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To communicate better, I'm going to keep my mouth shut

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Lynne D. Schwabe Lynne D. Schwabe
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Lynne D. Schwabe was owner of Schwabe-May of Charleston, ran her own marketing consulting firm and is a nationally recognized motivational speaker. She has been featured in The New York Times, The Washington Post, Women's Wear Daily, and has appeared on CNBC's Power Lunch. She is now director of development for the National Youth Science Foundation. She can be reached at schwabestatejournal@gmail.com.

It was all quite legitimate: I was sitting, chatting with my son-in-law about perfectly innocuous things, when he began talking about sex. Oh, nothing specific or personal. Tripp is a life coach, whose mission in life is to help men become "New Men" and, as his website (thenewmanpodcast.com) says, "Navigate the changing course of relationships." I think this means that with Tripp's help, men learn the art of being "present," and thus will be able to understand their wives, girlfriends, and significant others in an empathetic and sensitive way. A noble cause.

His new quest is to explore the whole men are from Mars, women from Venus thing. He clearly understands that men and women think differently about almost everything, and he wants to teach his clients how to better communicate with women, which ultimately would lead to a closer understanding of each other. Needless to say, to be complete, these discussions sooner or later have to deal with sex.

Tripp is 40. He is married to the most perfect woman in the world. They have the most perfect child … and the most perfect mother-in-law. I wasn't about to volunteer my older and somewhat more cynical views on the subject. Thinking about sex rarely, in my experience, leads to a sheltered private island of sanity and wellbeing. Thinking too much about sex tends to get you kicked off that island, even at my age. Our urges are comprehensively disruptive. That most men understand that is a given. This should be a fertile field for Tripp's practice, as most men think about sex something like every seven seconds. Drawing the logical conclusion: men are in a state of constant disruption. They probably all need Tripp's help.

A recent book, "How to Think More About Sex" by Alain de Botton, reflects more of my thinking. Given the subprimate level of intelligence and wit in most self-help books, you run the risk of leading your thousands of brain cells into a non-redemptive land of over-simplified thinking if you read one. However, this book wanders to some strange and counterintuitive places. Mr. de Botton proposes new, more accurate language for brides and grooms to employ at the alter: "I promise to be disappointed by you and you alone. I promise to make you the sole repository of my regrets, rather than distribute them widely through multiple affairs and a life of sexual Don Juanism. I have surveyed the different options for unhappiness, and it is you I have chosen to commit myself to."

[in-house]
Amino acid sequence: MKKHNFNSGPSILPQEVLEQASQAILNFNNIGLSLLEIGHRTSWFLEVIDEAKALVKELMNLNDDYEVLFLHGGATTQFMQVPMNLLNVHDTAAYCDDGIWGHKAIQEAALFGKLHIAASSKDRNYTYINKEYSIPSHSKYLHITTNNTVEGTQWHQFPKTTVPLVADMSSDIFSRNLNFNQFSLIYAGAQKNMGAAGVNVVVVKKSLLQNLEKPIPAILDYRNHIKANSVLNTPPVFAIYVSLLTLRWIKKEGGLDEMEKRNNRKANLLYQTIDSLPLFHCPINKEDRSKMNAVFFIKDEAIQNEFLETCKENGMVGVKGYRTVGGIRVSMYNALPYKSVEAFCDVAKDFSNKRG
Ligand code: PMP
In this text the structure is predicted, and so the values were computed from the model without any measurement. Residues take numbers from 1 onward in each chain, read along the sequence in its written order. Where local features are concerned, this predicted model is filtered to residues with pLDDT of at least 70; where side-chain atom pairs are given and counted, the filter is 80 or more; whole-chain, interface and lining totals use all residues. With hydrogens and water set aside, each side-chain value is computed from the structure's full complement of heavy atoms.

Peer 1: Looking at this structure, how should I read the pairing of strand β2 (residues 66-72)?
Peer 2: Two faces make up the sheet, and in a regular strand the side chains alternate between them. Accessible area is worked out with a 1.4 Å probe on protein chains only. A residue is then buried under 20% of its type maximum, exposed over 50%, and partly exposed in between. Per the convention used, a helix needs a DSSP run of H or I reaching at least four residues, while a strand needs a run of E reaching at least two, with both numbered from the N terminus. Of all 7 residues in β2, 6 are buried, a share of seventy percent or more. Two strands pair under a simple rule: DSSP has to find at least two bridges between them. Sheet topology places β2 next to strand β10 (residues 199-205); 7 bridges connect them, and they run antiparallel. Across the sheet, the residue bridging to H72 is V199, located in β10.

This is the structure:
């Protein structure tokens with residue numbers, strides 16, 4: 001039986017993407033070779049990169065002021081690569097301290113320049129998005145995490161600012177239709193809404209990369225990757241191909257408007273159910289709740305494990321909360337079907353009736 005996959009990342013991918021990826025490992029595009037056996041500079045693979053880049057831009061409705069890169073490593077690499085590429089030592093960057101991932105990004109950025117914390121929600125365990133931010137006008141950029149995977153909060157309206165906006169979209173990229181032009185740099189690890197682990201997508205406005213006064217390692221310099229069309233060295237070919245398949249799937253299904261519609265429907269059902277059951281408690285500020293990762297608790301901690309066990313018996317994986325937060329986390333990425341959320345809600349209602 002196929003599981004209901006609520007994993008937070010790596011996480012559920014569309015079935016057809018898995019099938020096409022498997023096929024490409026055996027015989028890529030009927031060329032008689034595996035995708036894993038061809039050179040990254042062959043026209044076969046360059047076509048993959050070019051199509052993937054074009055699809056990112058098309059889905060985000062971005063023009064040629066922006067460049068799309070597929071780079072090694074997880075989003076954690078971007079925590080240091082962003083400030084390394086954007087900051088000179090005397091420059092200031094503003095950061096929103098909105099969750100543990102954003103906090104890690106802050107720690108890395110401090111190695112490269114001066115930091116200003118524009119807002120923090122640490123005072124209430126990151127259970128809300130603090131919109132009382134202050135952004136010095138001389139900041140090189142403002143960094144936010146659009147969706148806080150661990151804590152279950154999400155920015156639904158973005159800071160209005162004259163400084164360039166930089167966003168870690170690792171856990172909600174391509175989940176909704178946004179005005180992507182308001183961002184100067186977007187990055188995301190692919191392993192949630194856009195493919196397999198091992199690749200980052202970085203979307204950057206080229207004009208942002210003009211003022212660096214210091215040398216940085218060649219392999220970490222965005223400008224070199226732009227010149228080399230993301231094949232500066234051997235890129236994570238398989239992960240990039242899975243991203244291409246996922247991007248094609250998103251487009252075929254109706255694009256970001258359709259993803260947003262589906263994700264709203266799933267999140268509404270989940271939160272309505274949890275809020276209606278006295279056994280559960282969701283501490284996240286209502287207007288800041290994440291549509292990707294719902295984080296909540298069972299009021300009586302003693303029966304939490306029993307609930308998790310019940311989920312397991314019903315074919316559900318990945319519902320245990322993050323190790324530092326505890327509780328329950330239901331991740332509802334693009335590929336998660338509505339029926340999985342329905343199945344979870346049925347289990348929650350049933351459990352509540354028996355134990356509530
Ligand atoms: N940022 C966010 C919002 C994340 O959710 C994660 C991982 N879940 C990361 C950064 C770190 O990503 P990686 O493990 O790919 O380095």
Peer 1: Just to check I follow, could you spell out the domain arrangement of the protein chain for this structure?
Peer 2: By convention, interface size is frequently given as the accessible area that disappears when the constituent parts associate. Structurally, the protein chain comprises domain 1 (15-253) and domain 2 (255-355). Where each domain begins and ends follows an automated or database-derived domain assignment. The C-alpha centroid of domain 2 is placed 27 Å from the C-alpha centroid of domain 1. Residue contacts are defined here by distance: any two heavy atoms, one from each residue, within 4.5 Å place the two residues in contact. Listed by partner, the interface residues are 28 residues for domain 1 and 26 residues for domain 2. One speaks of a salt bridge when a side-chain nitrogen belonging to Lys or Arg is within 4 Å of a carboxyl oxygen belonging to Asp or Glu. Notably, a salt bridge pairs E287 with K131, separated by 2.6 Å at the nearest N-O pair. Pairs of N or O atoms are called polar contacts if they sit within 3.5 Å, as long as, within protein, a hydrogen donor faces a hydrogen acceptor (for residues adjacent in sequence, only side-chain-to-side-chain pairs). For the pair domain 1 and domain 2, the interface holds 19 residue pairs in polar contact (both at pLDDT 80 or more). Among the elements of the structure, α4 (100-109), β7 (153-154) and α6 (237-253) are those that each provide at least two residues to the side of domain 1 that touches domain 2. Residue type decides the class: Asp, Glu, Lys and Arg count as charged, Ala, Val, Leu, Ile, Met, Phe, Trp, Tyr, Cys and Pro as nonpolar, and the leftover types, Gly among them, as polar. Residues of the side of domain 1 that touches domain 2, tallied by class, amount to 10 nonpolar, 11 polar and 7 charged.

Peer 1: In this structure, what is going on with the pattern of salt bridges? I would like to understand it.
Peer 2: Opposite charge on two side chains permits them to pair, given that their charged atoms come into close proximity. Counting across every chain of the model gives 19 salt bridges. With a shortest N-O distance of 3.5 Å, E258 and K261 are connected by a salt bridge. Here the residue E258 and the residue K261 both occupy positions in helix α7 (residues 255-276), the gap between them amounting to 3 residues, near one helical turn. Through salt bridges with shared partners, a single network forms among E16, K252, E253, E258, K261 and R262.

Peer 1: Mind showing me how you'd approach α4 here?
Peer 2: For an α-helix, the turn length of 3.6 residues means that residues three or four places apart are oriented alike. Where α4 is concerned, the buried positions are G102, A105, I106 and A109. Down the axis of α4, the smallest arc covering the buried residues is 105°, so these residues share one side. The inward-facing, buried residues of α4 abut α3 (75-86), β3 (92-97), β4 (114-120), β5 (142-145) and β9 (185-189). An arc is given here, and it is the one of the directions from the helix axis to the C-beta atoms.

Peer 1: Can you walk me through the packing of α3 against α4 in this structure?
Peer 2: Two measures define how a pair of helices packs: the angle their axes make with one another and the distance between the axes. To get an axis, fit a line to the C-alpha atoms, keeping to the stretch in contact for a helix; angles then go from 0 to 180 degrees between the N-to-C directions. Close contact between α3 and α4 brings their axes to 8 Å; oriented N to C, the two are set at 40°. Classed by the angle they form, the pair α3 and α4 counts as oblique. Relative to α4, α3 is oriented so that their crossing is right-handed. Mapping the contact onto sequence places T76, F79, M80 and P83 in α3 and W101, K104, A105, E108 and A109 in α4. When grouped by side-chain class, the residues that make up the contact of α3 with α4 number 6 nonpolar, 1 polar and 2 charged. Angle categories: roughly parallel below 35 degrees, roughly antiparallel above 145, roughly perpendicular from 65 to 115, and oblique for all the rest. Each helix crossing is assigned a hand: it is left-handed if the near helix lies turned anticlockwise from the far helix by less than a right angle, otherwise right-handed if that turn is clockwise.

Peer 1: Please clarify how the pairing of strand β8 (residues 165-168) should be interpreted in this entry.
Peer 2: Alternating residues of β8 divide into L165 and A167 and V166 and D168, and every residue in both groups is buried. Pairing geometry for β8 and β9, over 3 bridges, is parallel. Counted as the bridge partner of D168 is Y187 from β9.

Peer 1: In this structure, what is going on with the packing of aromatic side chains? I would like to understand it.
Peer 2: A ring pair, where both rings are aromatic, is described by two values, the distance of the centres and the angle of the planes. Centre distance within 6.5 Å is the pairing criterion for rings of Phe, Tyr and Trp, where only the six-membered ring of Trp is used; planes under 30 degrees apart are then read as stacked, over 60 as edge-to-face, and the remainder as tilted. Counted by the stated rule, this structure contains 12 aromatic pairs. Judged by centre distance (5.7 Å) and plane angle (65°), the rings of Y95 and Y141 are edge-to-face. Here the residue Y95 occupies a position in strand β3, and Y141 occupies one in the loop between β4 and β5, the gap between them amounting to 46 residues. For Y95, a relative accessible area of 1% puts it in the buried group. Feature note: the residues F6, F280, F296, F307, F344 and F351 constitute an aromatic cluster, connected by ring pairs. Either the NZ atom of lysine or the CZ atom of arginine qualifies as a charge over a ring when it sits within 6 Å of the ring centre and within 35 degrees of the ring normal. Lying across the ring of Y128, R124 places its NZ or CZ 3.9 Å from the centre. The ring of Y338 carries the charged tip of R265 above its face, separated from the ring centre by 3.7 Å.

When spouses cheat, de Botton suggests that the betrayed should consider saying sorry first: "sorry for being themselves, sorry for getting old, sorry for being boring sometimes, sorry for forcing their partners to lie by setting the bar of truthfulness forbiddingly high, and (while we're at it) sorry for being human."

I am not this highly evolved. When a long-ago husband cheated on me, I wanted to gouge out his eyeballs (and a couple of other vital body parts), make soup out of them and force him to eat it. On the other hand, I get that any close relationship takes more understanding than any of us has, more compassion, more empathy and more humor. The occasional feather boa and garter belt can also provide a boost. And being fully appreciative of the other person's talents, accomplishments and even bad jokes goes farther toward keeping couples together than frolicking in a hot tub.

But, I am keeping my wisdom to myself. I applaud my son-in-law's ambition and hope he makes enormous progress, both in the teaching of this kind of appreciation and in the practicing of it. I hope he will understand how to counsel a client whose wife is earning 30 percent less than he is and whose career is going all Titanic when the question, "Who will look after the kids?" raises its head. Or someone whose wife is upset with his pleasingly nonproductive activities like fishing, golf, listening to records, playing on the Xbox and pretending to be goblins in World of Warcraft. Or a guy who is baffled by the fact that his wife spends her spare time taking on the never-ending list of self-improvements or domestic tasks: homework, counseling the troubled, deworming the cat, doing pelvic-floor exercises, trying to be inventive with cabbage and exfoliating ingrowing hairs.

I'm confident that he will help men by telling them to eliminate self-sabotaging patterns, how to engage in the practice of mindfulness and tell them how to go about rewriting the narratives that define them. 

And, since I am the perfect mother-in-law, I'll continue to keep my big mouth shut.